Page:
The Truth of Justice

Preston - Magnolia, Arkansas
Entered on May 12, 2008
Age Group: Under 18

A person’s character is defined by his or her beliefs, and each personal conviction hints at who people are, how they were raised, and what they hope to accomplish. My moral code has had years of conditioning, years that have led me to establish my core beliefs, one being justice. The ideal of justice, as I know it, is an integral part of society that ensures the endurance of order and allows for the existence of hope.

True justice, as described by the Founding Fathers, is equality under the law, meaning that in the eyes of the law, no one is superior to another. This is also mirrored in the statement “all men are created equal.” I believe that the judicial system should be impartial to race, gender, or social status, ensuring that each individual has an equal opportunity to succeed. Although sometimes overlooked, equality has long been one of the key American principles. The justice system provides all law-abiding citizens, no matter their ethnic or religious backgrounds, with the chance to pursue the American Dream.

My scheme of flawless justice incorporates the ideas that no crime should go unpunished and that every punishment should fit the severity of the crime for which it is prescribed. Allowing evildoers to continue their wickedness, while the innocent suffer under their malevolence, is simply immoral. Modern chastisement carries the equivalence of a “slap on the wrist,” compared to times when offenders were met with the full force of the law. Punishment has become so minimal that it no longer acts as a deterrent to crime, as criminals are now convinced that the repercussions of their wrongdoings will be minimal. If potential criminals once again feared punishment, the world would be much safer.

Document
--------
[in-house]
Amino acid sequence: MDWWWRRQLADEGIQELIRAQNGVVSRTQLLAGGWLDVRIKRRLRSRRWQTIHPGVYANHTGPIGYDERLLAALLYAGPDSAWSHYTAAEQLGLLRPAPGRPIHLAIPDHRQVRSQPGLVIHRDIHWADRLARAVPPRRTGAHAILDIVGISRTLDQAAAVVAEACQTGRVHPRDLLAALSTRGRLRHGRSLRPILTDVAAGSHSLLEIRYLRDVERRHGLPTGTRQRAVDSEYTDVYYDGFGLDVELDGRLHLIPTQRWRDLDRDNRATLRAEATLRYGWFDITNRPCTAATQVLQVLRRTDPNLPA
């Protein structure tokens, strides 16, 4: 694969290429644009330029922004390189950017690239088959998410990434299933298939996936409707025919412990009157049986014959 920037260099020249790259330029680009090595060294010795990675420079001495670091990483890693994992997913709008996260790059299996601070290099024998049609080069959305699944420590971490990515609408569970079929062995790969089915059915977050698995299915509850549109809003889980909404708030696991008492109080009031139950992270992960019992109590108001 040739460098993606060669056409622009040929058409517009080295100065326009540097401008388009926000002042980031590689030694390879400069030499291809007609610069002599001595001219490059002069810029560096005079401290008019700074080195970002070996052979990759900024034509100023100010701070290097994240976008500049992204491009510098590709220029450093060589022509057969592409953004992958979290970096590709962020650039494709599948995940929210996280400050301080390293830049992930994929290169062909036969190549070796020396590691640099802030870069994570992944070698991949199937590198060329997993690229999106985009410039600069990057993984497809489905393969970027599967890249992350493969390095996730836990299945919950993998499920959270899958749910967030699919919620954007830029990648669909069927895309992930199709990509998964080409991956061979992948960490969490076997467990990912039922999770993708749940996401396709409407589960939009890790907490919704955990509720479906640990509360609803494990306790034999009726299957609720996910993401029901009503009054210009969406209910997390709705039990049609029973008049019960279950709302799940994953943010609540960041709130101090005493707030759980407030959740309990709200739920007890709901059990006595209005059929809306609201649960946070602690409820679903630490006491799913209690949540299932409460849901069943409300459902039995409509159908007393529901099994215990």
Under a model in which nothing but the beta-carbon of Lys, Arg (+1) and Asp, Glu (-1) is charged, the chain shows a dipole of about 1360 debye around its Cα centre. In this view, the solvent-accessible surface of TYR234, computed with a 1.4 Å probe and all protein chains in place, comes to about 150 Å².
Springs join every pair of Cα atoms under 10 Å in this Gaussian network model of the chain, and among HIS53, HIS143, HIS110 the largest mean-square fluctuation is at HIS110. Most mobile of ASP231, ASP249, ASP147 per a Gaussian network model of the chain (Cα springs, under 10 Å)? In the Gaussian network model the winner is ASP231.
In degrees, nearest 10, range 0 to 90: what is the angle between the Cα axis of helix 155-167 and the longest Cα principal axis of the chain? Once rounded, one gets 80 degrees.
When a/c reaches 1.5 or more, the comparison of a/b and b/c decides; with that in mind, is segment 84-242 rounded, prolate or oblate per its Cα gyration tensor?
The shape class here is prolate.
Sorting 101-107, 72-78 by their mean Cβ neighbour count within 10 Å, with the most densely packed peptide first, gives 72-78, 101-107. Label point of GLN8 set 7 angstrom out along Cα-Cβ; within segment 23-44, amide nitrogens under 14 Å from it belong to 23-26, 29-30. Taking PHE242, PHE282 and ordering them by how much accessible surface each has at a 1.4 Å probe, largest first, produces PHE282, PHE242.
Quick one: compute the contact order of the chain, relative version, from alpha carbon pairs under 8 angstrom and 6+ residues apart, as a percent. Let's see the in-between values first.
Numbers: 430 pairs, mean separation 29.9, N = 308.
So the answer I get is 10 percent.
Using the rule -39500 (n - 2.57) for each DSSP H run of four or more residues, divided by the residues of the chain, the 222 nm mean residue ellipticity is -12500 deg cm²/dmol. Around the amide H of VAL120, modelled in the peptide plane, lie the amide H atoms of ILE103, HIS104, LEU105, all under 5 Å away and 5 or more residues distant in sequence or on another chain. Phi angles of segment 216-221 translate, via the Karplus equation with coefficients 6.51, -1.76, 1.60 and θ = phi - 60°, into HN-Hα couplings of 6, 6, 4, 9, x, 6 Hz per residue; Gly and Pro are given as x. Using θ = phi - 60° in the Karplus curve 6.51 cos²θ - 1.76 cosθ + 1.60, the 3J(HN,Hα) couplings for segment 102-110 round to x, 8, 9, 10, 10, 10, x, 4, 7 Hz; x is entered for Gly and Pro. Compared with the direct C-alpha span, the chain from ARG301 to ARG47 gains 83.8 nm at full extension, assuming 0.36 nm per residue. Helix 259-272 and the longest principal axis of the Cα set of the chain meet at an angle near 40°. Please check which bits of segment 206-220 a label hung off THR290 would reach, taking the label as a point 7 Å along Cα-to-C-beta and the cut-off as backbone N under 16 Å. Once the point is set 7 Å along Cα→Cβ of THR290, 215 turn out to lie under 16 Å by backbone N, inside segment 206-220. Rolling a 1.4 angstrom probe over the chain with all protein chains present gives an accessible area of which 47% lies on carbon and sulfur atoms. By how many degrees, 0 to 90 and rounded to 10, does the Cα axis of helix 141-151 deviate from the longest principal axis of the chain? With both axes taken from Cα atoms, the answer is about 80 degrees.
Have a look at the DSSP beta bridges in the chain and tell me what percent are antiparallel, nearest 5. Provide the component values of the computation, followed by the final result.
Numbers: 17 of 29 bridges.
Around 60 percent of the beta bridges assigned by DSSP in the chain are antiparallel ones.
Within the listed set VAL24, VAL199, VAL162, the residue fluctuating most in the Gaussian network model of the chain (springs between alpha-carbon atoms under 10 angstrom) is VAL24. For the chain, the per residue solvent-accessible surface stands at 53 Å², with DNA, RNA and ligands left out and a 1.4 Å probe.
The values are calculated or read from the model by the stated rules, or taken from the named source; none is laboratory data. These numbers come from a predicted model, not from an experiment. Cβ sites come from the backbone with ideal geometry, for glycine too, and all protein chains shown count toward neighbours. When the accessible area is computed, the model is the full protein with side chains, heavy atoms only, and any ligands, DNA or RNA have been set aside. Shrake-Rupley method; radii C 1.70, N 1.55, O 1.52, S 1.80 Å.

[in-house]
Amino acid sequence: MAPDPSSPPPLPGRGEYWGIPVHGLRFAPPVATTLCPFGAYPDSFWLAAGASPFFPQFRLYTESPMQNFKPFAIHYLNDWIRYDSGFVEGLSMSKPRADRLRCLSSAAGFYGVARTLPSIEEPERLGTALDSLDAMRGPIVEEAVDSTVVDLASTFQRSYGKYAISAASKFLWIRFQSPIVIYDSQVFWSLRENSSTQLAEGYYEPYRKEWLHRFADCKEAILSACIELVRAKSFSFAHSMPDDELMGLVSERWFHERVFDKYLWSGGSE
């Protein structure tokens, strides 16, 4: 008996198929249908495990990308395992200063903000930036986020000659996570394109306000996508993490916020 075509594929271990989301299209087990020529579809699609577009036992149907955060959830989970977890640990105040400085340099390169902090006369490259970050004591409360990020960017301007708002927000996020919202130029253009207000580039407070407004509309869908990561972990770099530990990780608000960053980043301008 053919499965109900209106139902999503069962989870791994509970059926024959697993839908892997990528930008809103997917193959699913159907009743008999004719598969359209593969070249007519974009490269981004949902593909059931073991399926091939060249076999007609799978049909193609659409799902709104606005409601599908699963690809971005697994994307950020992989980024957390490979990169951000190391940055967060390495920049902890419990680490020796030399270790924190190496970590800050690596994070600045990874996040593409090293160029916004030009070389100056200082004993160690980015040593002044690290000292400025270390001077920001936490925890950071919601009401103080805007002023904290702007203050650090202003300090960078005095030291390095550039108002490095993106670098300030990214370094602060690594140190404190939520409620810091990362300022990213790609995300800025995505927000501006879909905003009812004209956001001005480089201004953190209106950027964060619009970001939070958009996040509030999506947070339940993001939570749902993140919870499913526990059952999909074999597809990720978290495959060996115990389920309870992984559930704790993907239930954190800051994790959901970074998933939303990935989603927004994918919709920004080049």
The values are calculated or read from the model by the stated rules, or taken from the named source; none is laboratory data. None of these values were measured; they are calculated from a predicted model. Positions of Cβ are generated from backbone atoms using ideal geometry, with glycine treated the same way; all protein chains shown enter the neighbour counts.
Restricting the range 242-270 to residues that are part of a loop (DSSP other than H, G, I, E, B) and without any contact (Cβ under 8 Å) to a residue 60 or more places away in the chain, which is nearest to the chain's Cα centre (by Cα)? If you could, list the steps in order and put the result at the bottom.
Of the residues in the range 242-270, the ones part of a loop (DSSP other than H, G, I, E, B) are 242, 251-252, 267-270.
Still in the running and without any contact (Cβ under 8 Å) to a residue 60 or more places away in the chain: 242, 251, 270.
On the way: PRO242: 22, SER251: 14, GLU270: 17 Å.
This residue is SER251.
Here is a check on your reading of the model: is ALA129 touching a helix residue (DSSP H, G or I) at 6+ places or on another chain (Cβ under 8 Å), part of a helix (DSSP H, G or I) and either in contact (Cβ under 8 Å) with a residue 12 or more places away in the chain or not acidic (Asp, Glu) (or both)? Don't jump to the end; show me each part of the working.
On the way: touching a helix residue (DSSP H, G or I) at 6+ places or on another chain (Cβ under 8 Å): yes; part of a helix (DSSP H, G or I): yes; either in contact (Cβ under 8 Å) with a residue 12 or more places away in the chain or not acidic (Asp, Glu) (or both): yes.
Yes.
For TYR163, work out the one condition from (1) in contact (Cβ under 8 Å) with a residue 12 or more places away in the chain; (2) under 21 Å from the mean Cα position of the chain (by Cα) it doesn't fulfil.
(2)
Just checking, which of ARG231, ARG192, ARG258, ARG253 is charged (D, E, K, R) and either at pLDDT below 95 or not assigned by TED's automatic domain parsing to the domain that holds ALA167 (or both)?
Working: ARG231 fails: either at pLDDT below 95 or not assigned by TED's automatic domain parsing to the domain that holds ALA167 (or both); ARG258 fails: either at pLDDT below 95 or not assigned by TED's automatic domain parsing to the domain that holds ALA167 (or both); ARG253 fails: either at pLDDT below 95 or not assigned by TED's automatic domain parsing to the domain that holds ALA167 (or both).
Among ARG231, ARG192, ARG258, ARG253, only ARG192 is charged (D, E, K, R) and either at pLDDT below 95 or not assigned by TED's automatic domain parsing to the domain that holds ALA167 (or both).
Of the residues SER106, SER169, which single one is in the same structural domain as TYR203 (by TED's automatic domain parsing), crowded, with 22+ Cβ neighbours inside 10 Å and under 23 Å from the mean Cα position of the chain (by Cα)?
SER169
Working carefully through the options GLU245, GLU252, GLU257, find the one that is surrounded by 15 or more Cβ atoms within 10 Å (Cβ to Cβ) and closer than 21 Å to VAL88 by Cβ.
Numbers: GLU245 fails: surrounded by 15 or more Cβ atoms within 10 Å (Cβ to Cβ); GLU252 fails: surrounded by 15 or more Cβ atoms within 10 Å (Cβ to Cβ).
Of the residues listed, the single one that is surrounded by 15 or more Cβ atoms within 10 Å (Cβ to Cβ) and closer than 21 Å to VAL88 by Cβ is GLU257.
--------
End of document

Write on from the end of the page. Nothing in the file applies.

I sincerely think that society still craves justice. This strong desire to see justice served has existed throughout the history of the United States, from the American Revolution, through the Civil Rights Movement, and to the America of today, where the multitudes are dissatisfied with the nature of government’s operation and seek a reversion back to America’s traditional values of old. Society’s hunger for justice is demonstrated in the popularity of television shows such as Walker, Texas Ranger and 24, with their respective protagonists, Cordell Walker and Jack Bauer, who, in their own ways, act as the “iron fists of justice.” These characters are symbolic of justice and give society hope that no matter how much evil exists in the world, goodness and righteousness will always prevail.

As long as justice is maintained, society can rest assured that order and hope will always endure. My whole life I have revered justice, with the belief in a fine line between right and wrong. In recent years this line has been blurred by those who wish to undermine liberty, though their success is not imminent. If people never lose sight of this faded line, justice will inevitably maintain its hold over all who believe in its truth.